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Traditionally, the peak season of the year for the Korean movie biz is Chuseok holidays, a long harvest festival in mid-September. This year’s Chuseok season was more competitive than ever for Korean films, with six local pics in release, including Song Hae-sung’s “A Better Tomorrow” (CJ Entertainment), Kim Hyun-seok’s romantic comedy “Cyrano Agency” (Lotte Entertainment), Jang Jin’s “The Quiz Show Scandal” (Cinemaservice), actioner “Trouble Shooter” with Sul Kyung-gu (N.E.W.) and Hong Sang-soo’s “Oki’s Movie” (Sponge). And while the field was crowded, no B.O. record was set.
photos/_storypics/manfromnowhere125.jpg” hspace=”3″ vspace=”3″ align=”left”>Yet Korean films seem to be in full recovery mode from the downturn of the last few years. The market share of Korean pics is estimated at 39.2% as of August, a little down year on year due to strong Hollywood movies that took 56.3% of the market. Total admissions are down 4.6% compared to the previous year, but as in the U.S., box office is up 10.8% thanks to a ticket price hike and the higher premium for 3D
While “Avatar,” “Iron Man 2” and “Inception” dominated the box office, actioner “The Man From Nowhere,” which opened Aug. 4, has grossed more than $37 million from 5.8 million admissions for CJ Entertainment, leading the local high-grossing pack.
The five-year tumble of the biz has changed the way movies get developed and put together finance, not to mention the size and subject matter of the movie favored by investors. In the past few years, producers
could easily get funds for medium-budget projects if they cast star actors despite the quality of the script; these days, investors prefer known directors with high-concept movies over star casting, as well as higher-quality scripts, say insiders.
“The situation is getting better compared to the worst days in the industry. At that time, producers couldn’t even think about preparing or drawing up a plan for a movie, but now things are different. If a project is developed well, with a mature script, there are chances to secure money and get it onscreen,” says Lee Tae Hun, president of Opus Pictures, which produced “The Man From Nowhere.”
Major distributors and even local governments have expanded their funds for films and other visual content. This year, SidusFNH, a subsid of Korea Telecom that invests in and acquires movies, and Lotte Entertainment have been more active than ever in developing slates and looking to acquire films. SidusFNH’s lineup includes Cannes screener “The Housemaid,” “Grand Prix” “Camellia” and “The Showdown.”
Lotte Entertainment has distributed 10 local films so far this year, while CJ Entertainment distribbed 16 as of August. Showbox/Mediaplex has released only five local films so far this year.
“We’re gradually expanding our business this year. For the second half (of the year), we will distribute and invest more into our lineups, including ‘Cyrano Agency,’ ‘Midnight FM,’ ‘Natali’ and ‘Rolling Home With a Bull,’ among others,” says Ayoung Im, assistant manager in charge of international affairs for the Film Business Team at Lotte.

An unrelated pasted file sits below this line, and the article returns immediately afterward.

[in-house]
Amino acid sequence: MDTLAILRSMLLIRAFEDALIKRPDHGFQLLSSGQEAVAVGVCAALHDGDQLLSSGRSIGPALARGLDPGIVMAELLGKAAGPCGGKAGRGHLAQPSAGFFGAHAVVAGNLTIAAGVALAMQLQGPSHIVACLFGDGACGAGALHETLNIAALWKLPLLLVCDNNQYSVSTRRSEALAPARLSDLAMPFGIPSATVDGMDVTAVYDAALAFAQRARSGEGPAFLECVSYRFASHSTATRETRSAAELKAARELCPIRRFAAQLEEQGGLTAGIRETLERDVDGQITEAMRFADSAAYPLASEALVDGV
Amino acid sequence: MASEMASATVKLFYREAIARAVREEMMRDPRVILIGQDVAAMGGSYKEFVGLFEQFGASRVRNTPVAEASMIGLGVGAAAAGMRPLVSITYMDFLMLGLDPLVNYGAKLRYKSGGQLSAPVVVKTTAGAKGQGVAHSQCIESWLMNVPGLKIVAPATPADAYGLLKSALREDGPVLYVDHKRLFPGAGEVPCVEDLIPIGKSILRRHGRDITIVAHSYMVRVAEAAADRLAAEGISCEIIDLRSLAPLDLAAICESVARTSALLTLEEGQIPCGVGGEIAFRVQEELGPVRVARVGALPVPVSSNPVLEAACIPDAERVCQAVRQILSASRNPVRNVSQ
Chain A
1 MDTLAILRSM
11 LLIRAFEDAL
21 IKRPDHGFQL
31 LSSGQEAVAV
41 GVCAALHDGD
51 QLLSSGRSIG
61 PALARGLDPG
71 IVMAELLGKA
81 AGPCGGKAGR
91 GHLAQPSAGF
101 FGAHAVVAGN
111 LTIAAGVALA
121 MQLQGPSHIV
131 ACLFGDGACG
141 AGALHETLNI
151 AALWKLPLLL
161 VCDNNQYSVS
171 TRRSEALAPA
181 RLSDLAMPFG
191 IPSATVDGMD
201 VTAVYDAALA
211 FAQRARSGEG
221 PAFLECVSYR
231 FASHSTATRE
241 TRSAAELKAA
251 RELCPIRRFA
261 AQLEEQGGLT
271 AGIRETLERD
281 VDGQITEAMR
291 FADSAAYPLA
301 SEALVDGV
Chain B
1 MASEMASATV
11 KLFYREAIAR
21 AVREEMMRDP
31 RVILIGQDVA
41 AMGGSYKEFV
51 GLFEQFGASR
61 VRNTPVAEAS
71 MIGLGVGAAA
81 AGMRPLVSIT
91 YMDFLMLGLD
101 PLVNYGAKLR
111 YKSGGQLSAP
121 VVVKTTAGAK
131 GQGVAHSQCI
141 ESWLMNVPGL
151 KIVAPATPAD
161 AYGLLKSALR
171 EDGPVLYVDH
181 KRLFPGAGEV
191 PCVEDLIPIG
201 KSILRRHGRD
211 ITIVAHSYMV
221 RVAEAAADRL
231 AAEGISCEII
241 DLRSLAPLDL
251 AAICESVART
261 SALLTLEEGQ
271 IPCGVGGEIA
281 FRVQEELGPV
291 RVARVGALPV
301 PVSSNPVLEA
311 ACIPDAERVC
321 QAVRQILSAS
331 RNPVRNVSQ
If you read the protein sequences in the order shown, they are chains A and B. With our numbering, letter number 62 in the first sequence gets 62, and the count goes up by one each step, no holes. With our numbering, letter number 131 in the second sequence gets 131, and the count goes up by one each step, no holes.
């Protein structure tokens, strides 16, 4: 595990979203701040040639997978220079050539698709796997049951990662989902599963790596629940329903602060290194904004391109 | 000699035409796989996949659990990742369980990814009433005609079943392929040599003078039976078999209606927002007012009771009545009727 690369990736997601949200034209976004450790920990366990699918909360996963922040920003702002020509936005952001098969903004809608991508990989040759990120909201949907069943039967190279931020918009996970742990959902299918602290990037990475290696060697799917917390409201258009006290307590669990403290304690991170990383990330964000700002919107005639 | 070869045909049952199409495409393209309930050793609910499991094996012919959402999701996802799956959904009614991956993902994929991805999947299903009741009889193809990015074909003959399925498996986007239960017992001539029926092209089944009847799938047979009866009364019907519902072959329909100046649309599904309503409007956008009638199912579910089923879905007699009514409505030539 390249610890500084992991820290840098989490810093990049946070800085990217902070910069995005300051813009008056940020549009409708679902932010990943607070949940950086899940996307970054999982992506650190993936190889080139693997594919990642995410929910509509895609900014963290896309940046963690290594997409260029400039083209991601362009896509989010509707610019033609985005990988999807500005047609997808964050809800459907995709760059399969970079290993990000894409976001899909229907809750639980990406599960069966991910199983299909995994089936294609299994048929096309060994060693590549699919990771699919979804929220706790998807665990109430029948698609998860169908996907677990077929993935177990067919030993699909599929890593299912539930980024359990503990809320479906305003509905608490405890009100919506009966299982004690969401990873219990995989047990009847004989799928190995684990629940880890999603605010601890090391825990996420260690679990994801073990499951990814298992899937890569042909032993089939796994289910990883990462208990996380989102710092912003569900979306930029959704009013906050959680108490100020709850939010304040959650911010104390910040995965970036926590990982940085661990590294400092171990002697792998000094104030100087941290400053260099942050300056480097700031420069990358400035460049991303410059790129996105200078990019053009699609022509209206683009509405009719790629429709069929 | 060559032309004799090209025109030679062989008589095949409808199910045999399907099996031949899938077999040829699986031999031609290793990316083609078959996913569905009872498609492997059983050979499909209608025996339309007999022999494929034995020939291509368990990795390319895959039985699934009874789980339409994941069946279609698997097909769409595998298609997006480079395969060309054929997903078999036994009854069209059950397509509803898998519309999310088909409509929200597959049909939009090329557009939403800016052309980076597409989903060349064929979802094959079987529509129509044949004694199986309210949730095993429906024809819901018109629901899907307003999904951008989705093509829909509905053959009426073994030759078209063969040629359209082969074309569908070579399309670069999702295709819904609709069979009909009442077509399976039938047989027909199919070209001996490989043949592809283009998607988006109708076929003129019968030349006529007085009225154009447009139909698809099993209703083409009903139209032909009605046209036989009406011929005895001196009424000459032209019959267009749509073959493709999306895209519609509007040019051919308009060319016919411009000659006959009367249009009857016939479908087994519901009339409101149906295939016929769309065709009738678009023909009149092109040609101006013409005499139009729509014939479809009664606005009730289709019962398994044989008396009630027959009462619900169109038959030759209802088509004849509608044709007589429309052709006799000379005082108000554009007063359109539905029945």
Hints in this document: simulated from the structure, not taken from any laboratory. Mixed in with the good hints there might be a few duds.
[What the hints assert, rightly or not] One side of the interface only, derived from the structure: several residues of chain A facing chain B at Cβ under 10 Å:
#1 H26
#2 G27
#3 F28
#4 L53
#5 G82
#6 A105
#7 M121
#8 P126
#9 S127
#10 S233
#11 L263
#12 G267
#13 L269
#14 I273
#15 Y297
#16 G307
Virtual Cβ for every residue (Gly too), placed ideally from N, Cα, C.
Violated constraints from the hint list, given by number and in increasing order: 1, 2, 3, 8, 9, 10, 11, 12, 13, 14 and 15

Another good sign for the Korean biz is that investments by local governments are up this year. Notably, the province of Gyeonggi-do is launching a new film fund and expanding supports for the biz.
But the government of Goyang, a city near Seoul, has really taken the lead in its media support. Its Broadcasting & Multimedia Complex has lured 76 companies with cheap rent, infrastructure and other conveniences.
Top helmers including Park Chan-wook, Lee Chang-dong, Bong Joon-ho and Lee Joon-ik have all moved their bases from Seoul to Goyang. Other companies moving to the city include production shingles such as Barunson Film (“Mother,” “The Servant”) and high-profile post-production houses such as Digital Idea and Livetone, among others.
In July, the local government also established a $26 million joint-investment fund with major investors, the Gyeonggi-Goyand Film Fund. Managed by Gyeonggi Digital Content Agency, the fund will be used to for 3D, CG and movies produced in the Gyeonggi area.
Despite the decrease of exports, the demand for international co-productions is up. CJ Entertainment has started on co-production projects with the U.S., China and Japan. Big international co-productions such as “Late Autumn” and “Warrior’s Way,” from Boram Entertainment, will also be distributed later this year.
While 3D has stood out as a key factor in the biz this year, a few 3D movies are being developed, including “The Seventh Sector” and “Song of a String.”
A mystery melodrama shot in 3D, “Natali” will be released by Lotte at the end of October. But the problem with 3D is that while investors want blockbusters and 3D productions, many directors and producers favor low-budget productions, with budgets under $10 million.
Lee Sang-yong, the Korean film programmer of PIFF, sees a new generation of filmmakers rising in Korea. “Going through the crisis, there (arose) a lot of indie features shot with digital cameras,” he says, yet they retain a high level of artistic quality.
Korean film looks to be back on track.